IN THE INTEREST OF C.K., Minor Child, T.D., Father, Appellant.
from the Iowa District Court for Dickinson County, David C.
Larson, District Associate Judge.
father appeals the denial of his motion to modify a
dispositional order in child-in-need-of-assistance
J. Klinker of Smith, Grigg, Shea & Klinker, P.C.,
Primghar, for appellant father.
J. Miller, Attorney General, and Mary A. Triick, Assistant
Attorney General, for State.
Shannon L. Sandy of Sandy Law Firm, PC, Spirit Lake, guardian
ad litem for minor child.
Considered by Tabor, P.J., and Mullins and Bower, JJ.
about the safety of his now five-year-old son, C.K., Travis
moved to modify a dispositional order in the
child-in-need-of-assistance (CINA) case. The juvenile court
had returned C.K. to the care of his mother, Candace. But
Travis feared Candace would expose C.K. to dangerous conduct
by Sam, the father of her other child. Travis sought care of
C.K. because of Candace's renewed relationship with Sam.
Travis also argued placement with him was in C.K.'s best
juvenile court found no "showing that circumstances have
so materially and substantially changed that a modification
of the current dispositional order is in the best interests
of [C.K.]." The court also decided "the purposes of
the current dispositional order, namely, to maintain [C.K.]
at home with his mother and sister, can reasonably be
accomplished with the services currently being
provided." See Iowa Code § 232.103(4)(b),
(c) (2018). In his petition on appeal, Travis challenges only
the court's finding of no material and substantial
change. He does not discuss the statutory grounds for
de novo review, we reach the same conclusion as the juvenile
court.Travis did not satisfy either the statutory
grounds for modification described in section 232.103(4) or
the material-and-substantial-change test lingering in our
case law. Furthermore, being in his mother's care is in
C.K.'s best interests.
Facts and Prior Proceedings
came to the attention of the Iowa Department of Human
Services (DHS) in late 2016. He was living with his mother
Candace, his younger half-sister Z.S., and Z.S.'s father,
Sam. Authorities suspected Sam was using heroin and
methamphetamine in the home, as well as selling marijuana.
Sam also had a history of domestic violence against Candace,
including once threatening her with a gun. After removing
C.K. and Z.S. from the home, the DHS issued a founded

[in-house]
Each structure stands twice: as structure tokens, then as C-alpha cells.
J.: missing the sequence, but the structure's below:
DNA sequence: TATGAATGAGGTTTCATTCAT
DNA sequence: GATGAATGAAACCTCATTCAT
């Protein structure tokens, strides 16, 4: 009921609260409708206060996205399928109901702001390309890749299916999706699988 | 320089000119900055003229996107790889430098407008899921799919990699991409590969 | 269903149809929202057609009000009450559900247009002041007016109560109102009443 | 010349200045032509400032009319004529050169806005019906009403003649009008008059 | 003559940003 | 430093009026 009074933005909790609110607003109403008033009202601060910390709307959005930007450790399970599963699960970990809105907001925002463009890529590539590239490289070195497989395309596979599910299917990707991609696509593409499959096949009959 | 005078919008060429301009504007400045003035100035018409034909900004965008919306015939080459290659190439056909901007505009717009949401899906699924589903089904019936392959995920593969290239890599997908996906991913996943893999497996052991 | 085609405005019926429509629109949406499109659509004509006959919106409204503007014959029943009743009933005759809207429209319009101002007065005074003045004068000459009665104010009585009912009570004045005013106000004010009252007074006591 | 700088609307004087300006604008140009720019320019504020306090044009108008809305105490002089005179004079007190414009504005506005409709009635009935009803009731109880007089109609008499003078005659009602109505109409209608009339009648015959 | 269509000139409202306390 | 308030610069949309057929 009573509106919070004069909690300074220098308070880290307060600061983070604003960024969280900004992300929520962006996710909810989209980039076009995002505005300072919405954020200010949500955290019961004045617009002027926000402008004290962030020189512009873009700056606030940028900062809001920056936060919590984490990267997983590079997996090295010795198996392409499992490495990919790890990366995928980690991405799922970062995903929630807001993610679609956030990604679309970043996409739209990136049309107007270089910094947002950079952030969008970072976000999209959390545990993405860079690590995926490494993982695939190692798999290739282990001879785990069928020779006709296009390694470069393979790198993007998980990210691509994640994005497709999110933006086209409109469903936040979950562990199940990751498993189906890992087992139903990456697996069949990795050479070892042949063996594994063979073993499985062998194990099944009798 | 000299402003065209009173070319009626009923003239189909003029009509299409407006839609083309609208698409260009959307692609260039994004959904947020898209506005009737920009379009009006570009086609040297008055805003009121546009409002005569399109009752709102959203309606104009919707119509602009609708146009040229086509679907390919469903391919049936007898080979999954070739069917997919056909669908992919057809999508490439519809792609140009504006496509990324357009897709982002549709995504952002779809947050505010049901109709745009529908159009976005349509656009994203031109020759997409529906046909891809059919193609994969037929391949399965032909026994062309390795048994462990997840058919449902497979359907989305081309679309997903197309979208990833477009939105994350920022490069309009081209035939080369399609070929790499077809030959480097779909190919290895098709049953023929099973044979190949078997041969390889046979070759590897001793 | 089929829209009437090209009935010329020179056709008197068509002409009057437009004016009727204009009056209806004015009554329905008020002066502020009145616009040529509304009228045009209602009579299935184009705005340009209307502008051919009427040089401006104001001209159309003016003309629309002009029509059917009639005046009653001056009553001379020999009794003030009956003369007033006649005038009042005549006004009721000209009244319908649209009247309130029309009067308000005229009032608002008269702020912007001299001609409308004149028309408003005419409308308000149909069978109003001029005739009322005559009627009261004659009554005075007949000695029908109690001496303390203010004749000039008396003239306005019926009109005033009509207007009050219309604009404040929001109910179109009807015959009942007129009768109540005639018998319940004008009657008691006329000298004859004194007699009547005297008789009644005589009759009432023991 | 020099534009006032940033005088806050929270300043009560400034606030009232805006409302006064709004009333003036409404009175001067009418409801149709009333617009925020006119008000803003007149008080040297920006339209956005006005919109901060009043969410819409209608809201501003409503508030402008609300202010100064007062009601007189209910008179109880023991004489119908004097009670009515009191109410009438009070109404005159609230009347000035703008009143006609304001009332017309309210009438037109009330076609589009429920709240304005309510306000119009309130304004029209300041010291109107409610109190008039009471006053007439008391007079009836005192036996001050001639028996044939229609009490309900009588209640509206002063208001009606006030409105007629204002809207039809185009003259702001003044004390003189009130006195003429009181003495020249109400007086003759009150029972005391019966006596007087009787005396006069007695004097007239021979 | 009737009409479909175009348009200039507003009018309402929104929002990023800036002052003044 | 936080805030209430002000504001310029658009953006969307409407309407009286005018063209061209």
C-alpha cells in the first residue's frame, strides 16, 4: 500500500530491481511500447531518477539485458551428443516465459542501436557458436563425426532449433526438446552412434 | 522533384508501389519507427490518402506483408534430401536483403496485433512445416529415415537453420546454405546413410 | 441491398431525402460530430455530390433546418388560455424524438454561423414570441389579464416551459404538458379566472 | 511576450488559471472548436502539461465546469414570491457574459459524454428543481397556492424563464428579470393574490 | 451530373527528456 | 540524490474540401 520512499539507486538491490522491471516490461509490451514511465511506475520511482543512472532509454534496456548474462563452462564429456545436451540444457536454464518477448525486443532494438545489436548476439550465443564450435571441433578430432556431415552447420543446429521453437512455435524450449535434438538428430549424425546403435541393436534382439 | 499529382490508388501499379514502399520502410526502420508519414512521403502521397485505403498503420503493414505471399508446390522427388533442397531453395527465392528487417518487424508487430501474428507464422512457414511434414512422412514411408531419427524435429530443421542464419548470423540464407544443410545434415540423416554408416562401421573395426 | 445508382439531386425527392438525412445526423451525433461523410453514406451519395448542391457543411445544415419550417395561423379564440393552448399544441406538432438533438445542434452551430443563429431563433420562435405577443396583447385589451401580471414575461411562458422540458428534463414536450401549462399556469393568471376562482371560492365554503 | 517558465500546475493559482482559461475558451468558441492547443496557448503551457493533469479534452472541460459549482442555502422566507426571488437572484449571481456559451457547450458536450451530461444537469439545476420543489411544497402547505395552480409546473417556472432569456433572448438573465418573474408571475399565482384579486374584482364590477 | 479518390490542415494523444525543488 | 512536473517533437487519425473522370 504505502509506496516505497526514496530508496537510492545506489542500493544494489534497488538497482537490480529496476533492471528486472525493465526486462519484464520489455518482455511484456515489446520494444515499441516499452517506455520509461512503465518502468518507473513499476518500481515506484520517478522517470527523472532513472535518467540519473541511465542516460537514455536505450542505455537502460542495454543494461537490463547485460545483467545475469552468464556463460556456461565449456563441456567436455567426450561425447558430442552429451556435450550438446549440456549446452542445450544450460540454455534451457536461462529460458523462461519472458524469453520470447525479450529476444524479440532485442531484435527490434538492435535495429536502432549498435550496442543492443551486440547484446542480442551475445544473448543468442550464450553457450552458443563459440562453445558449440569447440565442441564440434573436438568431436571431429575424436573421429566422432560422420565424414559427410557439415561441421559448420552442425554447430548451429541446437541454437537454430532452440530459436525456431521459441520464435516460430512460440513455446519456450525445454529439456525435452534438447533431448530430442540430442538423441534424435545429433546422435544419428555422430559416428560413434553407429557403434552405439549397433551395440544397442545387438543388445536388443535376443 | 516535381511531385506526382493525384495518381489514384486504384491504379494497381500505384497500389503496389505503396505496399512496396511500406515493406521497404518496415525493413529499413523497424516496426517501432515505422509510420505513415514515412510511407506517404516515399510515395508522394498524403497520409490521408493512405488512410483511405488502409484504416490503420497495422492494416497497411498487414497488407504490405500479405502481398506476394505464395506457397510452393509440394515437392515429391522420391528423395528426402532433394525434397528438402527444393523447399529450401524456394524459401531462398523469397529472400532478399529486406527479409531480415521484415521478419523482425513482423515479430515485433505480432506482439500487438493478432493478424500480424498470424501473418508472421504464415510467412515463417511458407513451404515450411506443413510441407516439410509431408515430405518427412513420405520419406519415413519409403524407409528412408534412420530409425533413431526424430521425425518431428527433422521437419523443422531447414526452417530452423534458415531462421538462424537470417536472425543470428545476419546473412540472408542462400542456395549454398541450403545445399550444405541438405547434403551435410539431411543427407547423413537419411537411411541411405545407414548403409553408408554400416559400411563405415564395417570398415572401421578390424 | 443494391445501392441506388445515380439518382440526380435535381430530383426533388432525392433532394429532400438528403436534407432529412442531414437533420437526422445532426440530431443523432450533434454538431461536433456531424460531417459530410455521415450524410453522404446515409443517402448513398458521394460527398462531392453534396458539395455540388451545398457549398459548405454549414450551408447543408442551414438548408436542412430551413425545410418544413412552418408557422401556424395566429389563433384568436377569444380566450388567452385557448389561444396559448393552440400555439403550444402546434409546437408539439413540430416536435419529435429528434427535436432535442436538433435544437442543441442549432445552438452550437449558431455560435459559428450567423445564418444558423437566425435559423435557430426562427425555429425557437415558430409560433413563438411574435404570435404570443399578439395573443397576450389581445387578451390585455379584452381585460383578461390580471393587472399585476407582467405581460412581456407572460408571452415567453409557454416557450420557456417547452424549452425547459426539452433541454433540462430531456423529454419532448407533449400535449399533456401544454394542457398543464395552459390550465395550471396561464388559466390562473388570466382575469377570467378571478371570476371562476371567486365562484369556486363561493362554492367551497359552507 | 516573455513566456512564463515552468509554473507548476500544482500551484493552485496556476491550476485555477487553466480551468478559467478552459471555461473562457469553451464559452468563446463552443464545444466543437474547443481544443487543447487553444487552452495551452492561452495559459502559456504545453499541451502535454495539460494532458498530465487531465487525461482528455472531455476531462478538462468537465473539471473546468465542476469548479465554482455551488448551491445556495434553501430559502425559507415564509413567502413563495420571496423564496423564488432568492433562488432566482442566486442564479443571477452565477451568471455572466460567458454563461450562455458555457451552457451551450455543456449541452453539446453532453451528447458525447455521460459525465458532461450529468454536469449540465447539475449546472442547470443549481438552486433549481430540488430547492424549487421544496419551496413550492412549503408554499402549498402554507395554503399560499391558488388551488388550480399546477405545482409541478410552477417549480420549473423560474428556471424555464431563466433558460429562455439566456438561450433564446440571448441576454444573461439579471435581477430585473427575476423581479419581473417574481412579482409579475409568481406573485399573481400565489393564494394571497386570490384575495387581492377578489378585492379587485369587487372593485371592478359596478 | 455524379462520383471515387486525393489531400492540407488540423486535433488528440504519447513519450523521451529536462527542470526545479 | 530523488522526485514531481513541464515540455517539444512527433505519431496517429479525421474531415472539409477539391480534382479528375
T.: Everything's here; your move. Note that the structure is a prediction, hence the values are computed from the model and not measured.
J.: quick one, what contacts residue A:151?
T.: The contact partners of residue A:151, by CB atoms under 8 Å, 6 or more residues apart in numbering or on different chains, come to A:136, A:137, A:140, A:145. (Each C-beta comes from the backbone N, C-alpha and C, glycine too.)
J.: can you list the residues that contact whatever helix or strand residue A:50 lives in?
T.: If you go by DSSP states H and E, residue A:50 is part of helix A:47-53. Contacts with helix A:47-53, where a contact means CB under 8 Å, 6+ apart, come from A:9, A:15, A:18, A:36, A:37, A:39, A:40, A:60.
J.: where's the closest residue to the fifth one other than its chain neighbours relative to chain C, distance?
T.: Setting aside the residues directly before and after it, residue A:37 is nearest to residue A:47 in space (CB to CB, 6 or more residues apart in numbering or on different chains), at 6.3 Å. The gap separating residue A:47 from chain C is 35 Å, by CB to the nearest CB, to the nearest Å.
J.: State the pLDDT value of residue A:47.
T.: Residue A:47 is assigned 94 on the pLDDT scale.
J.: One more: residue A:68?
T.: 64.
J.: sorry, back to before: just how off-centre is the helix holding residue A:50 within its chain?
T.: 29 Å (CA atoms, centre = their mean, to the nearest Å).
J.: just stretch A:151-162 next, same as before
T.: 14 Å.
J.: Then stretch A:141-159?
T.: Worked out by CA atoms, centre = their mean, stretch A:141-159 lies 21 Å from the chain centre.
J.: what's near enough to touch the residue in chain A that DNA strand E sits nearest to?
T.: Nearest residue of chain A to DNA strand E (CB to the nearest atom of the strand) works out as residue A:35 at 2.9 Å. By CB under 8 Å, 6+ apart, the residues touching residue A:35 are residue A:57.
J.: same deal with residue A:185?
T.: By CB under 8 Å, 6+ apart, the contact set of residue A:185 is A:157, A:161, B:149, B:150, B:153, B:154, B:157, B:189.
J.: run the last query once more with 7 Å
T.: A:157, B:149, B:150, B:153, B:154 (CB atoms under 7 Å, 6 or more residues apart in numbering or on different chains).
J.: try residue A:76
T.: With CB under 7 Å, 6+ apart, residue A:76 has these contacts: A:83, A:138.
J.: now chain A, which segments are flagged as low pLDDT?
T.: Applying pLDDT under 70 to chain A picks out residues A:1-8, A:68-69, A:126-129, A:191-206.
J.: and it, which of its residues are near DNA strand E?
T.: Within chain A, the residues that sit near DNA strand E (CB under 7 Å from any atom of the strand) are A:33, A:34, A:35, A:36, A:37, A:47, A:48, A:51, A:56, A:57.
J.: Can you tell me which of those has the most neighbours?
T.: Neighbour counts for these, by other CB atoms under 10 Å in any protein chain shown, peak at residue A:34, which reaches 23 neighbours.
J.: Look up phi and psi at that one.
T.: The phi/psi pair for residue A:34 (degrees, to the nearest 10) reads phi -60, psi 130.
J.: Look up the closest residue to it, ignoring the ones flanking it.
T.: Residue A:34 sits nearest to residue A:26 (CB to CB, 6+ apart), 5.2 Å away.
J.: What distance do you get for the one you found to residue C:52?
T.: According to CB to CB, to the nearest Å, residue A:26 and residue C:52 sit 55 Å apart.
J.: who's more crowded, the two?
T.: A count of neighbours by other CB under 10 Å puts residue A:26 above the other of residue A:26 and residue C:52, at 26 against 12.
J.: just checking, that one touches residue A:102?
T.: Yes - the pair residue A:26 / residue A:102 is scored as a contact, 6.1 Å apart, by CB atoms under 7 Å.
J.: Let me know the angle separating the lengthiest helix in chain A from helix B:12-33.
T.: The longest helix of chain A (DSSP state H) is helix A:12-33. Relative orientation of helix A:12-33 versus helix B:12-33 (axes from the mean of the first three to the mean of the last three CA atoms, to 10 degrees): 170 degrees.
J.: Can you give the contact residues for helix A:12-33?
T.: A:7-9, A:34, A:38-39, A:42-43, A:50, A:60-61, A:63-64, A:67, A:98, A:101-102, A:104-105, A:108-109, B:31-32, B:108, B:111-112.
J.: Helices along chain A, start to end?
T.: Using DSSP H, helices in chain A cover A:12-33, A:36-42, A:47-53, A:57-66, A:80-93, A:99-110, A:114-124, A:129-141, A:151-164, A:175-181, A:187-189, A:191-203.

child-abuse assessment against Sam for denial of critical
care for C.K. The court adjudicated C.K. a CINA and
placed him with Travis's parents. Travis has never had custody
next few months, Candace struggled to maintain stability. She
moved often and had no job. She continued an on-again,
off-again relationship with Sam, over objections from the
DHS. Although ordered by the court to attend parent-child
interactive therapy (PCIT) with C.K., Candace failed to
participate. She also did not follow through with
court-ordered individual therapy.
March 2018, Candace showed improvement. She started to
cooperate with services. She also reported to DHS she had
ended her relationship with Sam, who was in and out of jail.
The DHS planned to return C.K. to Candace's care. Candace
found an apartment and a job. In July, following a successful
trial home visit, the court transferred custody of C.K. back
to Candace, who already had custody of Z.S. Candace worked to
maintain a stable home, job, and daycare for the two
children. The DHS reported both children were healthy, had
their basic needs met, and were bonded with Candace. Candace
showed appropriate and affectionate parenting without
complication arose in early 2018. Candace revealed to the DHS
she was pregnant following an encounter with Sam in October
2017 when they were still in a relationship.
Sam never progressed in Z.S.'s CINA case. He failed in
all juvenile court expectations, including visitation,
therapy, and substance-abuse testing and treatment. He
continued to engage in criminal activity, resulting in new
charges. The State petitioned to terminate his parental
rights to Z.S. and intended to file another petition to
terminate when the new baby was born.
April, Candace continued to cooperate with services,
according to the DHS reports. The social worker had no
concerns about her care for C.K., though Candace admitted
losing her full-time job and working only part-time. But the
worker did have suspicions Candace was seeing Sam again. The
worker cited text messages, a photograph from a ...